I was born and raised Catholic. My faith is essential to me and remains a large part of my life. Growing up, I went to church with my family every Sunday. We always helped out the community as often as needed. I went to a youth group in addition to attending a Catholic School. Despite all of this, there was a small piece of me that knew I was missing something. I did not pay much attention to this desire that went unsatisfied. As I grew into adulthood, I realized that I had to listen to that small voice and determine what my faith desperately lacked.
Iron sharpens iron, and one man sharpens another. (Proverbs 27:17, NRSVCE)
Then, in high school, I went on a TEC retreat (Teens Encounter Christ), and I found that missing piece! That missing piece was a place to help my faith grow with people who would help me along my faith journey. After attending the TEC retreat, I met other people who attended TEC retreats and founded a community. This community was going to help my faith grow to its potential. My faith was not something I would be able to grow by myself, and I needed help from others to cultivate what others had already sown into the soil of my soul. This group of people engaged and supported my desire to connect more deeply to Christ and his Church.
This TEC community was centrally located in my hometown region of Indiana. When I went to college, I was no longer close to that community of people. They were vital to me. I did participate in events when I came home from college some weekends. Still, that tiny voice, growing concerns about my relationship with Christ, began to reappear. As I started college, I again noticed this ever-present need at the center of my life. But, what was it? I went to church every Sunday. I had friends who helped me be a better person in faith. Additionally, I participated in campus ministry as a part of the community at SMWC.
While attending SMWC, I started looking more into my faith, but from a different perspective. I wanted to become intimately closer to Christ, but I was not sure how I could do that. It is at this point that I felt called to discern becoming a religious sister. The more I looked into it, the more that missing piece started to fade. I thought I was being called to the religious life. Even when talking to some Sisters of Providence (SP) they asked me, “Why don’t you become an SP?” I gave them the same answer - I was discerning it. One day, I went to a college youth group called Maximize Your Faith connected to Saint Joseph University Parish. The first time I went, I realized two extraordinary aspects of this community. The first being my life has changed because of the people I met. The second discovery: I found that missing piece. I needed a place to help my faith once again. I needed a diverse community to continue to push me to become the person I was being called to be. I was in a new stage of my faith journey, and I needed to be spiritually fed at this new stage. After that first Maximize Your Faith, I no longer felt the call to become a sister. That feeling or small voice was just a sign for me to keep searching in the right direction toward an intimate christ-centered community.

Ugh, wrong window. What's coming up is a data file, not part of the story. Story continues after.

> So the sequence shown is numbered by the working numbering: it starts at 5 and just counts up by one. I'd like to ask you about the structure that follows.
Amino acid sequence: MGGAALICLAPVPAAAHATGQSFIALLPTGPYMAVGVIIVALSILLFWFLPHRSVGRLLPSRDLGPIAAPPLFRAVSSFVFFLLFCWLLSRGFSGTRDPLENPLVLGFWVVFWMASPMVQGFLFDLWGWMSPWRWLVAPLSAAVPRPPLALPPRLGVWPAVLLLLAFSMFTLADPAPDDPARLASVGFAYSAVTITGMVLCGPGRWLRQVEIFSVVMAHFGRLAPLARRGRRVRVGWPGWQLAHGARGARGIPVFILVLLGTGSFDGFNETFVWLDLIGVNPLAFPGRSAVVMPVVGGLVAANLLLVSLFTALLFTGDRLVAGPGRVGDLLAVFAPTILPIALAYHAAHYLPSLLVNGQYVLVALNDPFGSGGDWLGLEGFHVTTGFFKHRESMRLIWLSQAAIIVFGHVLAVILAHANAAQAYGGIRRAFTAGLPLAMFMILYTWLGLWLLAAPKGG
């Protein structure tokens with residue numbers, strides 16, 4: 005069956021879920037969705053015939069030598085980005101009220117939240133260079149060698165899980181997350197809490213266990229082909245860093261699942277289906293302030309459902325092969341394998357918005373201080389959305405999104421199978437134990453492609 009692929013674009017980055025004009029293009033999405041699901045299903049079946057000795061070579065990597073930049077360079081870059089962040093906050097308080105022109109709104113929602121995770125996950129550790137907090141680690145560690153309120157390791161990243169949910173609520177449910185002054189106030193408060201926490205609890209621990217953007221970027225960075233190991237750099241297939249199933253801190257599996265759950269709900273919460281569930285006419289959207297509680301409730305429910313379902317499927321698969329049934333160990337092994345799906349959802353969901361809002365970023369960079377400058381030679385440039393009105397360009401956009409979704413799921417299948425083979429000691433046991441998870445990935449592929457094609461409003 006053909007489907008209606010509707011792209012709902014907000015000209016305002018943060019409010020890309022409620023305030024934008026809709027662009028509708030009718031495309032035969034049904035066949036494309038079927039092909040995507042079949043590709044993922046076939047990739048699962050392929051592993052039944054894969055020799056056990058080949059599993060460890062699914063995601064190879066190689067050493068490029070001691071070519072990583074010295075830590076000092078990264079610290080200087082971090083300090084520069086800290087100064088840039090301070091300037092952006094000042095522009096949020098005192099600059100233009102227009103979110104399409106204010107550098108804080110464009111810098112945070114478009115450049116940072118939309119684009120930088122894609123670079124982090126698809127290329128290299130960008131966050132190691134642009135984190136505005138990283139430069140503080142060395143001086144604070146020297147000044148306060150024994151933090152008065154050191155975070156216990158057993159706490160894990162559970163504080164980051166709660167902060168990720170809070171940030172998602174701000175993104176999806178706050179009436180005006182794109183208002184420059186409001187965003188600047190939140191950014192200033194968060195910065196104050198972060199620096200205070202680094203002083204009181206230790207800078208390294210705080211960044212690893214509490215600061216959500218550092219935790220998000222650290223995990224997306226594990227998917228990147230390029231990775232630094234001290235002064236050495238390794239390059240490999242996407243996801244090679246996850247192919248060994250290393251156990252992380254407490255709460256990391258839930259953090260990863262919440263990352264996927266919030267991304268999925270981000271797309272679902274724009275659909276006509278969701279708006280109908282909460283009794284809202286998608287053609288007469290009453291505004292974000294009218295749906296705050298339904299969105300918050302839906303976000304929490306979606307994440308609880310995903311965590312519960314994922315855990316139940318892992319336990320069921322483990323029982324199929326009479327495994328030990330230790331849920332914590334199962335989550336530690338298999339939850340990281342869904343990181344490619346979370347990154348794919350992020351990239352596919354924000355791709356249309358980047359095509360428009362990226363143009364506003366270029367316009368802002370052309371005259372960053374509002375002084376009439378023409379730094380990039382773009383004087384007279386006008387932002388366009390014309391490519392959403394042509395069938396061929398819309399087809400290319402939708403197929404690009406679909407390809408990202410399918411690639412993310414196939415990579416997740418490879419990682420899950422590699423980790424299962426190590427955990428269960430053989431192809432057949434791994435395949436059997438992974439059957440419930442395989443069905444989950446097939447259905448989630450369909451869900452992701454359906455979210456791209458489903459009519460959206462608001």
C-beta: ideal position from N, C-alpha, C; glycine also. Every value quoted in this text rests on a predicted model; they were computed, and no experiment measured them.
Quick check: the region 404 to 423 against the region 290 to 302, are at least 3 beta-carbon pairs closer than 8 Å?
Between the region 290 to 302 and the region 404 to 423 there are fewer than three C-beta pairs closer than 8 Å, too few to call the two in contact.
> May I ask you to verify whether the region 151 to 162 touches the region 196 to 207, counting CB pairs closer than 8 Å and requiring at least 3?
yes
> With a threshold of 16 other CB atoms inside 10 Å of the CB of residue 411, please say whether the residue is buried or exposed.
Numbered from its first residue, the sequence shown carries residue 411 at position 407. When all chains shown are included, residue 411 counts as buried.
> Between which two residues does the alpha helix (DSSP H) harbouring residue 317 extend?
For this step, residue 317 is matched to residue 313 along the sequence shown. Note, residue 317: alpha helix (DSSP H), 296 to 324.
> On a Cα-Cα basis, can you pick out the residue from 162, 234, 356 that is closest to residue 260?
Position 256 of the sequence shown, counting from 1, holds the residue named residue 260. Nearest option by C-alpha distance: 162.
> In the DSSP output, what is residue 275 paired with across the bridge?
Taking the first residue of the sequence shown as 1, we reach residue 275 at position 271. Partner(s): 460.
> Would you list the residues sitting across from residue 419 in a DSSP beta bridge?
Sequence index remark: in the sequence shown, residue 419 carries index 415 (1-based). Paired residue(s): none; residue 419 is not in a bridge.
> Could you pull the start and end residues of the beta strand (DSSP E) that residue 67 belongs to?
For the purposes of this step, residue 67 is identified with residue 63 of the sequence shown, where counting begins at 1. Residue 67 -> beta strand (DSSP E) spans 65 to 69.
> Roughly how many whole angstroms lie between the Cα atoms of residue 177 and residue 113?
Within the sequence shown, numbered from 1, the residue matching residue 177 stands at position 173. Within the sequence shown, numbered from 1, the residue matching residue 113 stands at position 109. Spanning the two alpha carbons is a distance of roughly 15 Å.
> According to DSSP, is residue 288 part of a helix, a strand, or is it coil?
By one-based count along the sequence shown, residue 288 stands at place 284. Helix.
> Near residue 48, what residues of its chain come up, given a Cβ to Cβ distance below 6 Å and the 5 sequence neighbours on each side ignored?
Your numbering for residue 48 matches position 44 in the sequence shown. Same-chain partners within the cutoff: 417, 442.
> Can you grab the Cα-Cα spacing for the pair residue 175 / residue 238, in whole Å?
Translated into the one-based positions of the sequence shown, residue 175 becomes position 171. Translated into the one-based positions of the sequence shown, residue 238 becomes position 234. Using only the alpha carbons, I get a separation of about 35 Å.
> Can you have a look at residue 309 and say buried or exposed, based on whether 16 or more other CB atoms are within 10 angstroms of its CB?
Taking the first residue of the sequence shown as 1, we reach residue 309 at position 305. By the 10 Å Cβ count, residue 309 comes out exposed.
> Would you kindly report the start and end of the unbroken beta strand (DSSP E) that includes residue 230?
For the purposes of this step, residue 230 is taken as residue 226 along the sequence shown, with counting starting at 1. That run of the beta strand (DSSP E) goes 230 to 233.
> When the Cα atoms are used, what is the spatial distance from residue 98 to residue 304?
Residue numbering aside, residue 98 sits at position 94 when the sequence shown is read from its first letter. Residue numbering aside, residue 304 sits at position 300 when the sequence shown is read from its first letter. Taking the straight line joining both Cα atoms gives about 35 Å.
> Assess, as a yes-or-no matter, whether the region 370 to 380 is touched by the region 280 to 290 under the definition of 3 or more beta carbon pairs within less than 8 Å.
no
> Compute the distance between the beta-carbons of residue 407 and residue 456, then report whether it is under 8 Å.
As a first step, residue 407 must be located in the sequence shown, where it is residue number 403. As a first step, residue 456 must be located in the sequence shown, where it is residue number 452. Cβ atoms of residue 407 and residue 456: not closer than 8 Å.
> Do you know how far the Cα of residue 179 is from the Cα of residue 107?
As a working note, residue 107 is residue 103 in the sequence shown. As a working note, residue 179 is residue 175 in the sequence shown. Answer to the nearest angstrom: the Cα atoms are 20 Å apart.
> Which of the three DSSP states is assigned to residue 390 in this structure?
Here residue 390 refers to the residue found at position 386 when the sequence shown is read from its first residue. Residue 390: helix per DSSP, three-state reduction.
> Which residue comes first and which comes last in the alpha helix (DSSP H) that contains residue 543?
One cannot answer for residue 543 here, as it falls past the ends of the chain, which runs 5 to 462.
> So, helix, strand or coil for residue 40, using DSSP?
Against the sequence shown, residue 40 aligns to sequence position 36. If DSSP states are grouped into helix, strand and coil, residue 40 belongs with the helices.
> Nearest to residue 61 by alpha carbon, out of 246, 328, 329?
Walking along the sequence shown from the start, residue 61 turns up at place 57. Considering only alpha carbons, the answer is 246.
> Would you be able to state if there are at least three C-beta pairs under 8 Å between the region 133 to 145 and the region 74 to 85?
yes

6 “Blessed are those who hunger and thirst for righteousness, for they shall be satisfied. (Mathew 5:6, NRSVCE)
After graduating college, I am again missing the gift of Christian fellowship inside a thriving community. That small voice again suggests something is missing, and it may be more than just one piece missing. I moved away from my home town and away from SMWC, to live with my husband. With the pandemic going on right now, my husband and I do not feel comfortable going to church in person. The public act of worshipping our God in a community is something that we both miss very much. Watching mass online is not the same and lacks the Eucharistic reception in person, and I feel that it could be one missing piece. I also miss engaging in a christ-centered community in high school and college, where I actively grew in my faith more. I feel as if that is another missing piece.
I want an organization like the TEC community or the Maximize faith group, where I live now. I may need to initiate the start of such a group in my local community, post-pandemic. The pandemic makes these two missing pieces hard to fill. But, with it being Lent, I have started a way I can help build my faith. I have the “Best Lent Ever Journal.” With this journal, I listen to a video and write in the journal. It is a way for me to be held accountable for my faith journey. I don’t think this isn’t exactly what will fill these missing pieces in my spiritual practice, but it is a start.
I challenge you to look into your life:
Do you have a missing piece that God is prompting you to fill with renewed prayer practices?
How can you enable Christ to fulfill his work within you?
How can he fill those missing pieces?
8 O taste and see that the Lord is good;